Of the five piano concertos he wrote, the three presented Friday night by the Indianapolis Symphony Orchestra span 20 years on either side of the Revolution whose centenary is being observed this year. Crowning the set was No. 3 in C major, contemporaneous with the Bolshevik crucible out of which a new tyranny emerged from the old. Typically, the work, cobbled together between 1917 and 1921, goes its own glorious way without allusion to the great national struggle.
|Local favorite Garrick Ohlsson returns for ISO's Prokofiev weekend.|
His interpretation of the Prokofiev Third, smoothly coordinated with music director Krzysztof Urbanski's control of the orchestra, was quite well-knit. The piece itself is more consistently inspired than the other two concertos (Nos. 1 and 4) presented Friday evening in Hilbert Circle Theatre. Ohlsson was scrupulously attuned to what was going on, or was about to happen, in the orchestra. Introducing the second theme of the first movement, for example, he used a very dry touch that almost seemed to promise: "You are about to hear castanets playing the same rhythm." And then you did. Furthermore, the way Ohlsson moved into the rapid passagework that climaxes the first movement had an uncommon blend of grace and drive.
The variations of the second movement elaborated upon the memorable theme patiently, with a delicate rubato feeling between the piano and the accompaniment. The finale was rhythmically acute from all forces and featured some fine string tone in the lovely second theme. Its sudden interruption by the piano with "a quietly grotesque passage" — "locus classicus of Prokofiev's habit of 'stepping on the throat of his own song'" — here did not seem so drastic or bizarre as Alan Frank's description implies. Ohlsson treated its surprising quality tenderly, as if Prokofiev were simply stepping back from his wonderful melody to take stock before resuming the argument that brings the concerto to a spectacular conclusion.
Called back for an encore, Ohlsson apologized for not being able to offer anything else by Prokofiev except a piece that lasts 35 minutes (I wonder what that would be?), so he turned to Chopin: As he did four years ago in an ISO appearance, he offered an idiosyncratic interpretation of the Waltz in C-sharp minor, Op. 64, No. 2. He filled the piece with many marvels, not all of which would be welcome to encounter many more times. It was certainly no cookie-cutter version, and he deserves credit for that.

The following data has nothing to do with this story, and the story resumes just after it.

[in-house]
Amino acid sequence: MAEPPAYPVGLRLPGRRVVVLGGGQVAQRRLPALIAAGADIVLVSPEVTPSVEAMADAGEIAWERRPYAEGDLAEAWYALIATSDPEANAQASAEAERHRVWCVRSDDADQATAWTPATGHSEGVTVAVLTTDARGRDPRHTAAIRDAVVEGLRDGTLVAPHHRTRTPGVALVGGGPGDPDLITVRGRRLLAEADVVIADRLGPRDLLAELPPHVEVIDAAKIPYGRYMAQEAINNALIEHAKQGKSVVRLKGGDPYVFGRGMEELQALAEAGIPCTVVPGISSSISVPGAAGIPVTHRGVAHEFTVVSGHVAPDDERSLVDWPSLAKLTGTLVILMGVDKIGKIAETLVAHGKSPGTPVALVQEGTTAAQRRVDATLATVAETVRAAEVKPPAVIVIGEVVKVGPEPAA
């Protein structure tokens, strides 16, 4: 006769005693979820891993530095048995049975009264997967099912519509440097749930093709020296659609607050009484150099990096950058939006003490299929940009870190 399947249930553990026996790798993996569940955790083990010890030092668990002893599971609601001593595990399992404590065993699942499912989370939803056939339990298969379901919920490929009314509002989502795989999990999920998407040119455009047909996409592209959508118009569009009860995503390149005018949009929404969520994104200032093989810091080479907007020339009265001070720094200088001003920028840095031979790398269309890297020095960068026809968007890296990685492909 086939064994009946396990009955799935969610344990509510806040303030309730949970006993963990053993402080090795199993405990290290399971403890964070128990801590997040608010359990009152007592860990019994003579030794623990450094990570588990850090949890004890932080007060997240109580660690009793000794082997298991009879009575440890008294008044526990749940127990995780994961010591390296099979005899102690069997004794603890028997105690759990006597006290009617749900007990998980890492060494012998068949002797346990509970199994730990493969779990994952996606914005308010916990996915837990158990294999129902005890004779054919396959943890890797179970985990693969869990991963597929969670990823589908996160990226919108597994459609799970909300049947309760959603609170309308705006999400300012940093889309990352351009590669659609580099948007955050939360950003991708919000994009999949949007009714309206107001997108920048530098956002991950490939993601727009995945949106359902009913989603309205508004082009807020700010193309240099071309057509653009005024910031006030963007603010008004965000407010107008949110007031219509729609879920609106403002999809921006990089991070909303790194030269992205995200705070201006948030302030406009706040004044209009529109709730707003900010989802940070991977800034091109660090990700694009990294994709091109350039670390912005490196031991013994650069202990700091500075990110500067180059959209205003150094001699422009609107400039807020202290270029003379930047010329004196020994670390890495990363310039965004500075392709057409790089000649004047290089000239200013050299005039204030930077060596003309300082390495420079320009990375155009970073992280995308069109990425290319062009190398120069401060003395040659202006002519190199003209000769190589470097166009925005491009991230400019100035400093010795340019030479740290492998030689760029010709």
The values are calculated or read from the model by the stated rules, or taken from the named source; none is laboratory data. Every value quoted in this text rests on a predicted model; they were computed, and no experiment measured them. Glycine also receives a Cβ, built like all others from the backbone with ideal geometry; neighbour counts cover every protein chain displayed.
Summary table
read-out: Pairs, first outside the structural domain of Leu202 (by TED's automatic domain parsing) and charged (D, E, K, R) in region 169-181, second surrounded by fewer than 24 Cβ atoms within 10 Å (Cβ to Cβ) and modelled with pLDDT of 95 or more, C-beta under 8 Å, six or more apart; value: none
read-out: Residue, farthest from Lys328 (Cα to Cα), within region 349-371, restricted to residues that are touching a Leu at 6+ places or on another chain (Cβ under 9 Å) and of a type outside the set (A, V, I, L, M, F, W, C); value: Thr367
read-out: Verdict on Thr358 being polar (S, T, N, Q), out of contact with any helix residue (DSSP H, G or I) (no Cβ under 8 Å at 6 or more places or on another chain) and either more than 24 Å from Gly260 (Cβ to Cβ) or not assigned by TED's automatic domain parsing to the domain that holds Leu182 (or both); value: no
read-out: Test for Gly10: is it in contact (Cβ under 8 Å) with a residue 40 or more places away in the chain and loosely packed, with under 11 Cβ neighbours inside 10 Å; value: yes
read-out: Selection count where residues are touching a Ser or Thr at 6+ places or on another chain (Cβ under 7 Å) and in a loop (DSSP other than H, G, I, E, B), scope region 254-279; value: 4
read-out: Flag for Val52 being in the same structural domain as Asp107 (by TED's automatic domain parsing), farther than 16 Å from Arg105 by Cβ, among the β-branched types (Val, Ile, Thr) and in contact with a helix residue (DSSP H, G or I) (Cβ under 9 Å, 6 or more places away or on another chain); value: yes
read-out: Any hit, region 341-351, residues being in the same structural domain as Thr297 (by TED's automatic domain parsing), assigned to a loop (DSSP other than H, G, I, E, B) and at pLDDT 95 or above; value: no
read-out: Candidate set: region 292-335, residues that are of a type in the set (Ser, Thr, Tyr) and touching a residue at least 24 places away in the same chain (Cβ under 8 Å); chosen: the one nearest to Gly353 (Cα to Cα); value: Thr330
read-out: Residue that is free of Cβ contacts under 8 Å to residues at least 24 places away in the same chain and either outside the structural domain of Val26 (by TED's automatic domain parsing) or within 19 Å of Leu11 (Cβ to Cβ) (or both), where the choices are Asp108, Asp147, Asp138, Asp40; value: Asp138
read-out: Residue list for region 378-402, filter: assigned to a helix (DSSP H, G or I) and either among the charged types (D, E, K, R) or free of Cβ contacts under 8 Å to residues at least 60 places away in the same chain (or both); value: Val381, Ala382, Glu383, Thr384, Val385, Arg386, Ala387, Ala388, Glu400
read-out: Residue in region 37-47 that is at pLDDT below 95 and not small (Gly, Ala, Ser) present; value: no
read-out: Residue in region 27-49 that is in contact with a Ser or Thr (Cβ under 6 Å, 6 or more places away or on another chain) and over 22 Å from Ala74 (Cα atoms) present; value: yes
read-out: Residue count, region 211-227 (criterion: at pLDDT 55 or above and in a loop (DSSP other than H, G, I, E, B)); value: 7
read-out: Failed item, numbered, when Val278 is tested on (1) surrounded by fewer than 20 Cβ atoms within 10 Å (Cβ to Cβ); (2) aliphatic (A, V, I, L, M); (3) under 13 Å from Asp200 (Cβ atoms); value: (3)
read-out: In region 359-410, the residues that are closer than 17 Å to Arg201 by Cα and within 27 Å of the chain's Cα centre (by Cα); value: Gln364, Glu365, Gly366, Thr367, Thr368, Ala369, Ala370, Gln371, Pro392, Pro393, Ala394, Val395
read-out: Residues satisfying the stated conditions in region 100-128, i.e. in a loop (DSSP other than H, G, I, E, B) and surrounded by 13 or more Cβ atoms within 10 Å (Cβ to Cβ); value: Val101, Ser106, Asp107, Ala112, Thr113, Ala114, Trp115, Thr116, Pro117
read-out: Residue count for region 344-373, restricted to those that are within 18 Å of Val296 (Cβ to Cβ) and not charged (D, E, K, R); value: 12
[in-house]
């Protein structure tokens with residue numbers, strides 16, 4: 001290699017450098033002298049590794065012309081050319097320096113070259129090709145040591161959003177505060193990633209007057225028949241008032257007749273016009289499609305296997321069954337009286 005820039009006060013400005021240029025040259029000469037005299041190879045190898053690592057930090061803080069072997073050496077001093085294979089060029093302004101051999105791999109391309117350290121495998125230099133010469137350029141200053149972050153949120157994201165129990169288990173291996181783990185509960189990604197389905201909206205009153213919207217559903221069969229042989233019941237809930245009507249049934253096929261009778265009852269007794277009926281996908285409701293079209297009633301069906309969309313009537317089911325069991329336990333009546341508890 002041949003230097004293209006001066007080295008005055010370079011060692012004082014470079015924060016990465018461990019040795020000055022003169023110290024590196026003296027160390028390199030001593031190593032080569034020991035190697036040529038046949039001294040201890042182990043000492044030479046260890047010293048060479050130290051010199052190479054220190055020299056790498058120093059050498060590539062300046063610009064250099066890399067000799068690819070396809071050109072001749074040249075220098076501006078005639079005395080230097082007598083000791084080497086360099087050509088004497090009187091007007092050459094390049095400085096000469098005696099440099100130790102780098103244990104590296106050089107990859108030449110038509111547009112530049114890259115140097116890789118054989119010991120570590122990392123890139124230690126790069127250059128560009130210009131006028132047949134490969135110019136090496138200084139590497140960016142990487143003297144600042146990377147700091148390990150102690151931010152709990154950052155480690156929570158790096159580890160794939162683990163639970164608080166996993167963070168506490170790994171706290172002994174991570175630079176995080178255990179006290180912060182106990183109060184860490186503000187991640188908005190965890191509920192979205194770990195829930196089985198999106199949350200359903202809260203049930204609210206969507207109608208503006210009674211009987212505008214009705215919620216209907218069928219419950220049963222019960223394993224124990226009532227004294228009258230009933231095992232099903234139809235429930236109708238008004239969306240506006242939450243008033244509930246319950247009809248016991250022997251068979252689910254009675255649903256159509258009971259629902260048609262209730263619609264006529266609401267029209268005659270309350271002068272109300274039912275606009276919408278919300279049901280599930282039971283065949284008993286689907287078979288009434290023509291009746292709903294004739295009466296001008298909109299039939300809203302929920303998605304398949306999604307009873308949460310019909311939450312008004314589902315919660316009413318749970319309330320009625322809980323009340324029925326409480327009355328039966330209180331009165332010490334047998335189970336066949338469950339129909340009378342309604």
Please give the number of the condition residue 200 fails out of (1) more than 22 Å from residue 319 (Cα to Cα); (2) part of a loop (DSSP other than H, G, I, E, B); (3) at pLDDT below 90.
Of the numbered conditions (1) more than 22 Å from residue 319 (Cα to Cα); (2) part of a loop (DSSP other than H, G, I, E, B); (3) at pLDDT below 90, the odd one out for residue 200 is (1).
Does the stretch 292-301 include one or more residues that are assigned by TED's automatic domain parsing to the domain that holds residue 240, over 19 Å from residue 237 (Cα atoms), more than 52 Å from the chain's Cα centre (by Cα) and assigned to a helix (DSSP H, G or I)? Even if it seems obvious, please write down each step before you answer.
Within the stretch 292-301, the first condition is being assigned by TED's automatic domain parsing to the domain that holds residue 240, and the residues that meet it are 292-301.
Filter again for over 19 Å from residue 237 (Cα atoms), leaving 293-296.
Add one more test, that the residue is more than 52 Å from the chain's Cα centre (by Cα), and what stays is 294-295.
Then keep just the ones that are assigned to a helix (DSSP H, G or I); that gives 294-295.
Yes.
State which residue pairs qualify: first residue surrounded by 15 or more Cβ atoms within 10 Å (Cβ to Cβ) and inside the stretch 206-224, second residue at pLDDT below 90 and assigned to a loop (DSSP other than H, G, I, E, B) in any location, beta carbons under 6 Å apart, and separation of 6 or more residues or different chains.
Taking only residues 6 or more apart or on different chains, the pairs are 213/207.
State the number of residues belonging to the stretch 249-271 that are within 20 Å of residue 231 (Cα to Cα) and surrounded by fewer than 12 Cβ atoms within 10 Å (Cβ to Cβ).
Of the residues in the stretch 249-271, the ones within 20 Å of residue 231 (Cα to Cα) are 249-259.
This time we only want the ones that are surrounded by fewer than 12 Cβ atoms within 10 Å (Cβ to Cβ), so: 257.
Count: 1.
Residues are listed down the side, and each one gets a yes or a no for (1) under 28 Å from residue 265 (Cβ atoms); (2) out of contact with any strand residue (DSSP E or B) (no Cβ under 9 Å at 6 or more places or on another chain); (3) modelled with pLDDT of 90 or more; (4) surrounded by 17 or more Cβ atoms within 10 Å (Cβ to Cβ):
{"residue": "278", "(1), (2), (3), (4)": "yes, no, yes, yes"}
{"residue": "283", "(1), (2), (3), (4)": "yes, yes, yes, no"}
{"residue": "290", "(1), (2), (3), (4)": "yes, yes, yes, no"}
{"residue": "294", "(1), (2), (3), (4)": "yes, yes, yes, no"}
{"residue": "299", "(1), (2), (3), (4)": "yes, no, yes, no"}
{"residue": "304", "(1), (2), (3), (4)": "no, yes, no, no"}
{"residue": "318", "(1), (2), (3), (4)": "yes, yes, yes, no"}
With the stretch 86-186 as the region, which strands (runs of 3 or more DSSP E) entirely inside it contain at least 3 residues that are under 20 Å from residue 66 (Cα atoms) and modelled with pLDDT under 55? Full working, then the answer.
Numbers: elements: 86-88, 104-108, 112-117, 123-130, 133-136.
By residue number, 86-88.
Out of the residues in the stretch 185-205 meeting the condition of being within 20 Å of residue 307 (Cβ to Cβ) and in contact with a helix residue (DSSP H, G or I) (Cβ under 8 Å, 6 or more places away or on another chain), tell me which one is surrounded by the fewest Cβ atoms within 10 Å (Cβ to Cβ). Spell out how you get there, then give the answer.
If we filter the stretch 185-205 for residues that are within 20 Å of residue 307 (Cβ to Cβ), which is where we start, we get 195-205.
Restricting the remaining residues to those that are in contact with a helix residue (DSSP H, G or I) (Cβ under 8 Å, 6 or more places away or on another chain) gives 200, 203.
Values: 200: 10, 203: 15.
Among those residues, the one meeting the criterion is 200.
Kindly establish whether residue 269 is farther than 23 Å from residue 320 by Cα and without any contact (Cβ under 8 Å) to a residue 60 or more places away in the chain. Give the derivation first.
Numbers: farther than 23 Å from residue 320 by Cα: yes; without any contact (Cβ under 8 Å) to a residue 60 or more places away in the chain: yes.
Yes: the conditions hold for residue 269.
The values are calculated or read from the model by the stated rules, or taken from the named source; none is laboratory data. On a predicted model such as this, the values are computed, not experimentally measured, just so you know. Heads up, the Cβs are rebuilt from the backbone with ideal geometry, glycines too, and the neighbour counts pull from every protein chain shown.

|Alon Goldstein presented the best possible case for two Prokofiev concertos|
I love the succinctness with which Grove's Dictionary introduces its Prokofiev entry: "He established himself as a composer of heavily ironic, often wilful and unconventional music in the last years of tsarist Russia." Those qualities are amply evident in the 1912 D-flat major concerto. There is ample flair in the solo part, indicative of the composer's breezy self-confidence as a performer. The second movement opens with a gossamer clarinet solo and other nice touches, but turns into something too insistent, with a heavy climax. The finale includes a perky march, which might fit the description "heavily ironic."
|Anna Vinnitskaya is the ISO's third featured piano soloist this weekend.|
Yet Prokofiev's mood in the third-movement march strikes me as largely blithe and cheeky, typical of what the smartest kid in the class might turn out to show he could toss off a march as a way to set up a climax. His younger contemporary Dmitri Shostakovich, more under the thumb of the Soviet regime, indulged in more savage irony in his marches.
The left-hand concerto, with Prokofiev well-established internationally by 1931, seems more gratuitously exhibitionistic. Played with commendable flair and commitment by Goldstein, the performance survived rather loose coordination early in the first movement. Once it jelled, there was plenty of opportunity to note that the work shows Prokofiev as being more self-involved in his cleverness than usual: the passage in the piano's bass register underlined by the bass drum, for example.
The lyricism of the second movement became pretty heavy. When he was less inspired, Prokofiev brought forth a lyrical manner that seems labored even when it is gentle. The third and fourth movements amounted to a fillip of virtuosity and panache in a work perhaps best appreciated by committed Prokofiev fans.
The rest of this weekend's concerts bring back Goldstein for the Fourth, Ohlsson for the Third and Fifth, and introduce Anna Vinnitskaya in two performances of the Second. Today's concert will be launched with Prokofiev's "Classical" Symphony. Exact schedules can be found on the symphony's website.